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Sankai Juku
Sankai Juku's “UMUSUNA Memories Before History.” Image Laurent Philippe.jpg

Hourglass Figures

Sankai Juko perform in Los Angeles

Performance
Sankai Juku: “Umusuna: Memories Before History”
Place
CAP UCLA, Royce Hall, Los Angeles, California, October 16-17, 2015
Words
Victoria Looseleaf

A kind of transcendent, spiritual healing took place over the weekend when Paris-based Sankai Juku, an eight-member troupe founded by Ushio Amagatsu in 1975—the master is still dancing at 66—wove a spell over those audience members who allowed themselves to be enveloped by a work about time, memory, the body and ritual. Visceral as well as highly cerebral, the 80-minute intermissionless “Umusuna” (it premiered in 2012 in Lyon, France), is a testament to humankind in all of its iterations.

Purveyors of Butoh, the decidedly anti-Western, post-Hiroshima, apocalyptic form of Japanese dance characterized by certain grotesqueries and an angst-ridden, unadulterated micro-movement existence, Sankai Juku has brought this art form to, if not the masses, then at least to taste-makers and seekers-of-high-art around the world through thousands upon thousands of performances.

With their signature hairless, naked bodies covered in white chalk dust and their collectively enigmatic presence (bald heads included), the dancers, many of whom have been company members for several decades, had not performed in L.A. since 2006. (Gratitude and kudos, then, to CAP UCLA’s artistic director, Kristy Edmunds, whose inspired programming continues to enrich the cultural fabric of Los Angeles.)

This stunning, seven-part work, loosely based on the four elements, earth, fire, water and air, is set to music (heard on tape) by frequent collaborators, Takashi Kako, Yas-Kaz and Yoichiro Yoshikawa. “Umusuna,” which translates as “place of birth,” unfolds in and around a slim river of sand that continuously flows from fly space to floor.

Bookended by two hourglasses suspended above large discs—jumbo scales—that inch up and down during the performance, the sand was a stark reminder of the implacable continuum/mystery that is time. Amagatsu, in addition to making the choreography and designing the set and costumes, is still an arresting figure who performed several solos throughout the work, setting the tone of this dreamscape dotted with occasional nightmarish flourishes from his opening appearance.

Clad in a long cream-colored skirt, this bare-chested, melancholy being walked at a near-glacial pace, occasionally dipping at the waist, his beseeching arms piercing the air, the periodic flutterings reminiscent of avian-like origami sculpture, a mood seemingly at odds with a score that commenced with the rhythmically arpeggiated sounds of a harp.

But not for long do we bear witness to this relative calm: A strip of scarlet fabric unfurls next to the sand funnel, accentuating the slash of red on Amagatsu’s face, metaphorical blood spilled from wars, disasters of all stripes and the symbolic toll of being alive in the aging body.

Ghostly, Amagatsu seemed to vanish, ceding the stage to four dancers that, kneeling oh-so-slowly, opened their mouths in silent scream contortions. A wounded but resilient organism also sporting red cheeked-gashes, the quartet maneuvered to the thrashings and crashings of an electric guitar.

This East-meets-West sensibility is apparent in the pulsing percussions and New Agey synthesizers of the ever-vacillating score, one frequently punctuated by bells and thunderous sounds not unlike those heard, perhaps, at a Glenn Branca concert.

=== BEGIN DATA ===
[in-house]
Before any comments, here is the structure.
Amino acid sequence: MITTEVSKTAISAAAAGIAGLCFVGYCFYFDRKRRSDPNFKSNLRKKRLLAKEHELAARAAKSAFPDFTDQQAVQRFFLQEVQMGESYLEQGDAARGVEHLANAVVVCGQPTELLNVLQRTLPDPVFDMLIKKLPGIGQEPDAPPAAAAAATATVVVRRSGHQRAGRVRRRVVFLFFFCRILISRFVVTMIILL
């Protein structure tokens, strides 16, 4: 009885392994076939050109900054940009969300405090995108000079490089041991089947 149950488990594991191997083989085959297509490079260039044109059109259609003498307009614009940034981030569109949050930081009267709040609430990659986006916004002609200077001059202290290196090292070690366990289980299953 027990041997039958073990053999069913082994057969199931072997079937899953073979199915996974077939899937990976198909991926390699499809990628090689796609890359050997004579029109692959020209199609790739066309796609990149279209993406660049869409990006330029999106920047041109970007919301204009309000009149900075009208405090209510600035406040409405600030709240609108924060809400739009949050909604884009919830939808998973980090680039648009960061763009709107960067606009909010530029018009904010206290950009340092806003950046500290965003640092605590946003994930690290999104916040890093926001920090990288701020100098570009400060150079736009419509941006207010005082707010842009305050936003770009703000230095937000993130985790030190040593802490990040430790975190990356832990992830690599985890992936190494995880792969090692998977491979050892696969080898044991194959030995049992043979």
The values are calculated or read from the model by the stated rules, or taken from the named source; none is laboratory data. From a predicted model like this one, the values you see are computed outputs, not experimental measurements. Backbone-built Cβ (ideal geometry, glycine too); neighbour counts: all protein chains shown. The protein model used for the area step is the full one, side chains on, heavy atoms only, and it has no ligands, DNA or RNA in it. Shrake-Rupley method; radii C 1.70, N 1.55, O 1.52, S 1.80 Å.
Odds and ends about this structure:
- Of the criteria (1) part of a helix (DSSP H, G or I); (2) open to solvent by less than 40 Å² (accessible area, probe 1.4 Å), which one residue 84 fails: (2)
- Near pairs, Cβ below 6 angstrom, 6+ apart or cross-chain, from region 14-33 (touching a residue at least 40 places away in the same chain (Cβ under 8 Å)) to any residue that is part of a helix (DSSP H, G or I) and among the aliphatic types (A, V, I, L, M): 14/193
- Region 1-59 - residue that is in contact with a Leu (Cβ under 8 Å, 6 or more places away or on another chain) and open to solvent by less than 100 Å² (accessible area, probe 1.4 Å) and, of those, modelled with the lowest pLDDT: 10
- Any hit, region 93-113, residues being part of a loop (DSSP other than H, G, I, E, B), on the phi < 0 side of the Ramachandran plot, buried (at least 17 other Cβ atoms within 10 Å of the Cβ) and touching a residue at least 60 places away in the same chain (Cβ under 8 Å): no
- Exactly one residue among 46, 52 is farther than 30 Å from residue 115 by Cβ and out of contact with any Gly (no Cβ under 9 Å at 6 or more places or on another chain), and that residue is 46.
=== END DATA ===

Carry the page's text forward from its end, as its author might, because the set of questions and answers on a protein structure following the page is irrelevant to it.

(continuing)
And not for nothing is Butoh called the “dance of darkness,” the Rothko-esque red fabric a strip of oozing hot lava, waltzing flames or a searing, surreal backdrop to these alien creatures who spin, scuttle and splay their fingers, heads often tilting upwards as they search for a deity/entity, be it unnamed, foreign or friendly.

Indeed, the movement might be deemed Baroque, so opulent is it in its starkness, a howling bubbling up from within these protoplasmic bipeds.

Once again there is quiet, this quietude allowing one to almost hear the mesmerizing sand stream as it falls, the stage now also home to red-skirted figures, conceivably a nod to Jiří Kylián’s masterwork, “Bella Figura.” Hands together, in prayer position, these performers are primeval, holy, their draped skirts reminiscent of haute couturier, Vionnet, as they silently mouth their agonies, an anti-utopian longing, with bells and wind chimes now their accompaniment, dangling earrings glinting off their unknowable faces.

The fabric next becomes a monolith of green, bringing to mind Kubrick’s 2001: A Space Odyssey, where excerpts from György Ligeti’s Atmosphères are recalled in this tantalizing score, the dancers struggling against the march of time, trying, alas, to defy the ineffable.

Or could this be the beginnings of time, Kubrickian-style?

The androgynous bodies reveal back muscles and tiny feet that seem to empower them with extra-human dimensions. Another costume change—long-sleeved dresses—conjure a Dojo-esque atmosphere, with the dancers’ life force, chi, charging, pulsating through their flesh and bones, as they deploy a rash of quickening steps over the increasingly granule-covered floor.

We are lulled into a trance, a communal trance whereby the theater is our church, as the stage, beautifully lighted by Genta Iwamura, becomes a seven-scene mini-epic that encompasses life, birth, evolution, death.

And the unknown.

What, ultimately, is known, though, is that these dancing men, these phantasmagorical individuals, touch souls—for those willing to be touched.